Evaluation of the Bringing them home and Indigenous mental health programs
7.2.4 Coordination with other programs and services
To operate effectively, the funded services need to liaise closely both with each other, and with external agencies, programs and services.
Coordination was regarded as particularly critical between the following funded programs: the SEWB RCs and Link-Up/BTH services (discussed in chapter 9) and the Link-Up and BTH services.
Coordination between the Link-Up and BTH ProgramsThe BTH standard contract recognises the importance of close liaison between these programs, in stating that clients referred by Link-Up are an important target group for the program, and requires the services to 'develop and maintain close working relationships' with a range of agencies including Link-Up services 'to facilitate smooth referral pathways and a coordinated approach to the provision of counselling and other mental health care'.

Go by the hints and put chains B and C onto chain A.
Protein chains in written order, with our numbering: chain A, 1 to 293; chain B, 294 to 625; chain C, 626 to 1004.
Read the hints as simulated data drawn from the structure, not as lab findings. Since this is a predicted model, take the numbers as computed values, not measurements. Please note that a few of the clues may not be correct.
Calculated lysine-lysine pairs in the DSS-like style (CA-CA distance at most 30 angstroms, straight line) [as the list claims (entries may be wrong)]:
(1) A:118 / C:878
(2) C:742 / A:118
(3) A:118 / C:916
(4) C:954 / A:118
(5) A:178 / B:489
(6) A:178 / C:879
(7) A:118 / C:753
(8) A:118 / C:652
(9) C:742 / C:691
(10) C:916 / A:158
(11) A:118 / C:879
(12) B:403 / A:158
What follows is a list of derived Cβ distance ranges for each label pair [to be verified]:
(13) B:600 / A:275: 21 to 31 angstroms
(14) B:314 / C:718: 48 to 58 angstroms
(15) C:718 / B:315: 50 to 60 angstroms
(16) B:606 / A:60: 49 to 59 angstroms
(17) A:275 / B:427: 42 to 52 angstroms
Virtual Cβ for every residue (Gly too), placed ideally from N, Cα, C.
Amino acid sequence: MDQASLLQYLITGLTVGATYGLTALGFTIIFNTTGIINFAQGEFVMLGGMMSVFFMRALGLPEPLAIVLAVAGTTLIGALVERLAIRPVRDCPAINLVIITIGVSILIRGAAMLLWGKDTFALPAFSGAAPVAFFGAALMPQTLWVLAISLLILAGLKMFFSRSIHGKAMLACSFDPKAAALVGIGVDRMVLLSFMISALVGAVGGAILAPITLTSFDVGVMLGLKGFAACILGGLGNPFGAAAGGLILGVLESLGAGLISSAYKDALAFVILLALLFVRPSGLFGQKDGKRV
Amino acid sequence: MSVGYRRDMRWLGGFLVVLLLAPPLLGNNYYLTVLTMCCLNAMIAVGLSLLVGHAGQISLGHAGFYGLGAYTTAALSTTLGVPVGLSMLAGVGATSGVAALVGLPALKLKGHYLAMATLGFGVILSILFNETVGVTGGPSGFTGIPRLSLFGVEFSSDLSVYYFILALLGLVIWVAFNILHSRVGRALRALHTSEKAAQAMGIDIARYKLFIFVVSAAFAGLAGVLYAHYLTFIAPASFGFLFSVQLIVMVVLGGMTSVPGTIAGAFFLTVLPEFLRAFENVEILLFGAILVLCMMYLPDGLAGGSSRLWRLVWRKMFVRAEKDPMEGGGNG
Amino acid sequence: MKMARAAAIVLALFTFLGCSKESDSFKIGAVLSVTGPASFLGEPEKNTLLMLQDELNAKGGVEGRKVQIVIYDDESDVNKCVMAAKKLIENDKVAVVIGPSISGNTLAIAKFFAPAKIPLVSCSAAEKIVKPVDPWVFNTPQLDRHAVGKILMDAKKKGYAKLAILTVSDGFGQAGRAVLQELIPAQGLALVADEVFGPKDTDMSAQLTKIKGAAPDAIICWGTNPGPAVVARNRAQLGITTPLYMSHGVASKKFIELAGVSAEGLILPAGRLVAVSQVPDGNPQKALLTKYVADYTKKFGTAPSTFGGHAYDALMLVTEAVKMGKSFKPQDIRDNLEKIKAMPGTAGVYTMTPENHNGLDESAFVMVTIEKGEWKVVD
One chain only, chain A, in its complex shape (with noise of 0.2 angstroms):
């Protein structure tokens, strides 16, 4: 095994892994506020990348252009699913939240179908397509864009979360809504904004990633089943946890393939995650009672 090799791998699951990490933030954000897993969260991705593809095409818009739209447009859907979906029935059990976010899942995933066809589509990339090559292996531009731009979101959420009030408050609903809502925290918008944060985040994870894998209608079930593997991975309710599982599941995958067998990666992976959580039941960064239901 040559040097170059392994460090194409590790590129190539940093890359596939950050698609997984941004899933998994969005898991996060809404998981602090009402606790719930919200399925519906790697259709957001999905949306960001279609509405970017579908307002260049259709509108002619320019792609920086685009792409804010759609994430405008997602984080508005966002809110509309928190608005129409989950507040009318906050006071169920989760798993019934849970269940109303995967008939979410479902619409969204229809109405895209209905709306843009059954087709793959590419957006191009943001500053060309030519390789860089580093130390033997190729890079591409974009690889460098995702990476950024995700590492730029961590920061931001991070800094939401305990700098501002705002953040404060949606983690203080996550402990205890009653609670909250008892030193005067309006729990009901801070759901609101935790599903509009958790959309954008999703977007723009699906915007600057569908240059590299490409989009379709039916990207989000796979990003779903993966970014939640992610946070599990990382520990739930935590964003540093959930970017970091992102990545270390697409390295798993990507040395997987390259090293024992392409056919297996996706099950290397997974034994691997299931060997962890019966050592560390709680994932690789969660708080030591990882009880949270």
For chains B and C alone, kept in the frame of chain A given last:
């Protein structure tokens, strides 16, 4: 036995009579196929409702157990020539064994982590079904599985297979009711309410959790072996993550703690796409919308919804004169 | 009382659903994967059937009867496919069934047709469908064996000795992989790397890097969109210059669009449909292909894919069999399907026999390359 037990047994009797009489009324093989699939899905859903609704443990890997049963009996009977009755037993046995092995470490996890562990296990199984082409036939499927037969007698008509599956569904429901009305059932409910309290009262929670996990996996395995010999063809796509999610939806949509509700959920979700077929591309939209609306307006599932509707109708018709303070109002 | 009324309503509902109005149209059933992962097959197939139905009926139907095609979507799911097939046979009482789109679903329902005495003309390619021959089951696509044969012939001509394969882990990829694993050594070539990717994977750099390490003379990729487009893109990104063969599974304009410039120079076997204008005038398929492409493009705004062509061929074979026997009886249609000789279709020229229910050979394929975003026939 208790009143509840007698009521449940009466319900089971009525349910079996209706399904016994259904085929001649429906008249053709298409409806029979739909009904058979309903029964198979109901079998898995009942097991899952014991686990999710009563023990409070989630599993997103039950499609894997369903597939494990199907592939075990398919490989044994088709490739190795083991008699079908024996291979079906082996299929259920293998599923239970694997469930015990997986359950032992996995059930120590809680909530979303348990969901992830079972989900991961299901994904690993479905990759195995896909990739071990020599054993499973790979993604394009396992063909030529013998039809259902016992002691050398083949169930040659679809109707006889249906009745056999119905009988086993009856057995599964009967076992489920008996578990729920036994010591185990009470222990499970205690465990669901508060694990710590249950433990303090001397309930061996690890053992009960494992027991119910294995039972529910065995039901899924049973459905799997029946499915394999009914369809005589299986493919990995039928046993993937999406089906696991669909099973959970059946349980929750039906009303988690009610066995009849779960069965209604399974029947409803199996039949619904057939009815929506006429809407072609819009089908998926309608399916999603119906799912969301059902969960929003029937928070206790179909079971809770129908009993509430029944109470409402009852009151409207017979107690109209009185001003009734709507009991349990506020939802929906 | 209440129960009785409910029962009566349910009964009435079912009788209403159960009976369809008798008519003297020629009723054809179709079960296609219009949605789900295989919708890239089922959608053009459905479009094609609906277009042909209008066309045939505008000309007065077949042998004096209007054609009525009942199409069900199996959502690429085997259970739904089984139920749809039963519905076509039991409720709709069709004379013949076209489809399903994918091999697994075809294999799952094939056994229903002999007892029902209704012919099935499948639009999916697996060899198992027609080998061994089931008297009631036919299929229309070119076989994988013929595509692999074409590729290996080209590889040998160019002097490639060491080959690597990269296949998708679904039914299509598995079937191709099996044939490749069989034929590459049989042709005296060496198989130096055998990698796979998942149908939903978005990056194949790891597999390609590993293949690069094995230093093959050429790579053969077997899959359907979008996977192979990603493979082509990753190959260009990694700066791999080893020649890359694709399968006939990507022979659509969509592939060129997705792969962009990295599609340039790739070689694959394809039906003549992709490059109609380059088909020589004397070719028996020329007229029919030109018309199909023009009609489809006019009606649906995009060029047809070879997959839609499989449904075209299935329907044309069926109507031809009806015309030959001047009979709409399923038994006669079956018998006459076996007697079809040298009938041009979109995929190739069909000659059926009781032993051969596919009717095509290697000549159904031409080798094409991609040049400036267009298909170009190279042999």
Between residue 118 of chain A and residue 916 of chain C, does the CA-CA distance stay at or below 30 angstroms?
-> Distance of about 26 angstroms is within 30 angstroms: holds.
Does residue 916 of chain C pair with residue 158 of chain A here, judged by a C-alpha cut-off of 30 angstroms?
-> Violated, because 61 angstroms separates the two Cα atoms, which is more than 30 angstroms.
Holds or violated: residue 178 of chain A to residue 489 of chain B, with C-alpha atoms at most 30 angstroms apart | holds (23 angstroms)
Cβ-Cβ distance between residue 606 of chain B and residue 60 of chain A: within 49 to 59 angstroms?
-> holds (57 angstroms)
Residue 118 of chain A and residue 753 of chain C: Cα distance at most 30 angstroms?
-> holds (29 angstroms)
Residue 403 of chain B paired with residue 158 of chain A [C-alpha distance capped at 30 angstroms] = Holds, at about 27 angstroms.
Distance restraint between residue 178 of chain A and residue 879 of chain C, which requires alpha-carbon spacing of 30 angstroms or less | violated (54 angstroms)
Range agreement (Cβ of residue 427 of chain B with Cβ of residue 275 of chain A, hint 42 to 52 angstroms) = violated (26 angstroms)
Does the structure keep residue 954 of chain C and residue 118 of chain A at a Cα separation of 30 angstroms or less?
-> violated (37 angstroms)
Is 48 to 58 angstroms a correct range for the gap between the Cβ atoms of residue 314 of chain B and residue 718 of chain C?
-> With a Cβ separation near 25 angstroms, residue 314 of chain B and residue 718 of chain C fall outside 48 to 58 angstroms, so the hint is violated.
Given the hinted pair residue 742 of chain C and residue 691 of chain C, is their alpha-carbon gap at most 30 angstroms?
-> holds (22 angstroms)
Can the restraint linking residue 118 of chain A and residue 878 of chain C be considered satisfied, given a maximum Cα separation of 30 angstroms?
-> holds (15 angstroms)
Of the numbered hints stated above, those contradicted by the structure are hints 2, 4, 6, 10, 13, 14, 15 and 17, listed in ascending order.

The consultations confirmed that close liaison between the Link-Up and BTH services is critical. All Link-Up clients should be offered the option of being referred to a BTH Counsellor as a matter of course immediately upon becoming a Link-Up client. Where new clients decline this, they should be reminded of this option throughout the process leading up to and including their reunion. This allows the Link-Up client to be provided with support as required from a BTH Counsellor with whom they have an ongoing relationship, and preferably including attendance by the counsellor at the reunion. At the very least BTH Counsellors should provide post-reunion counselling.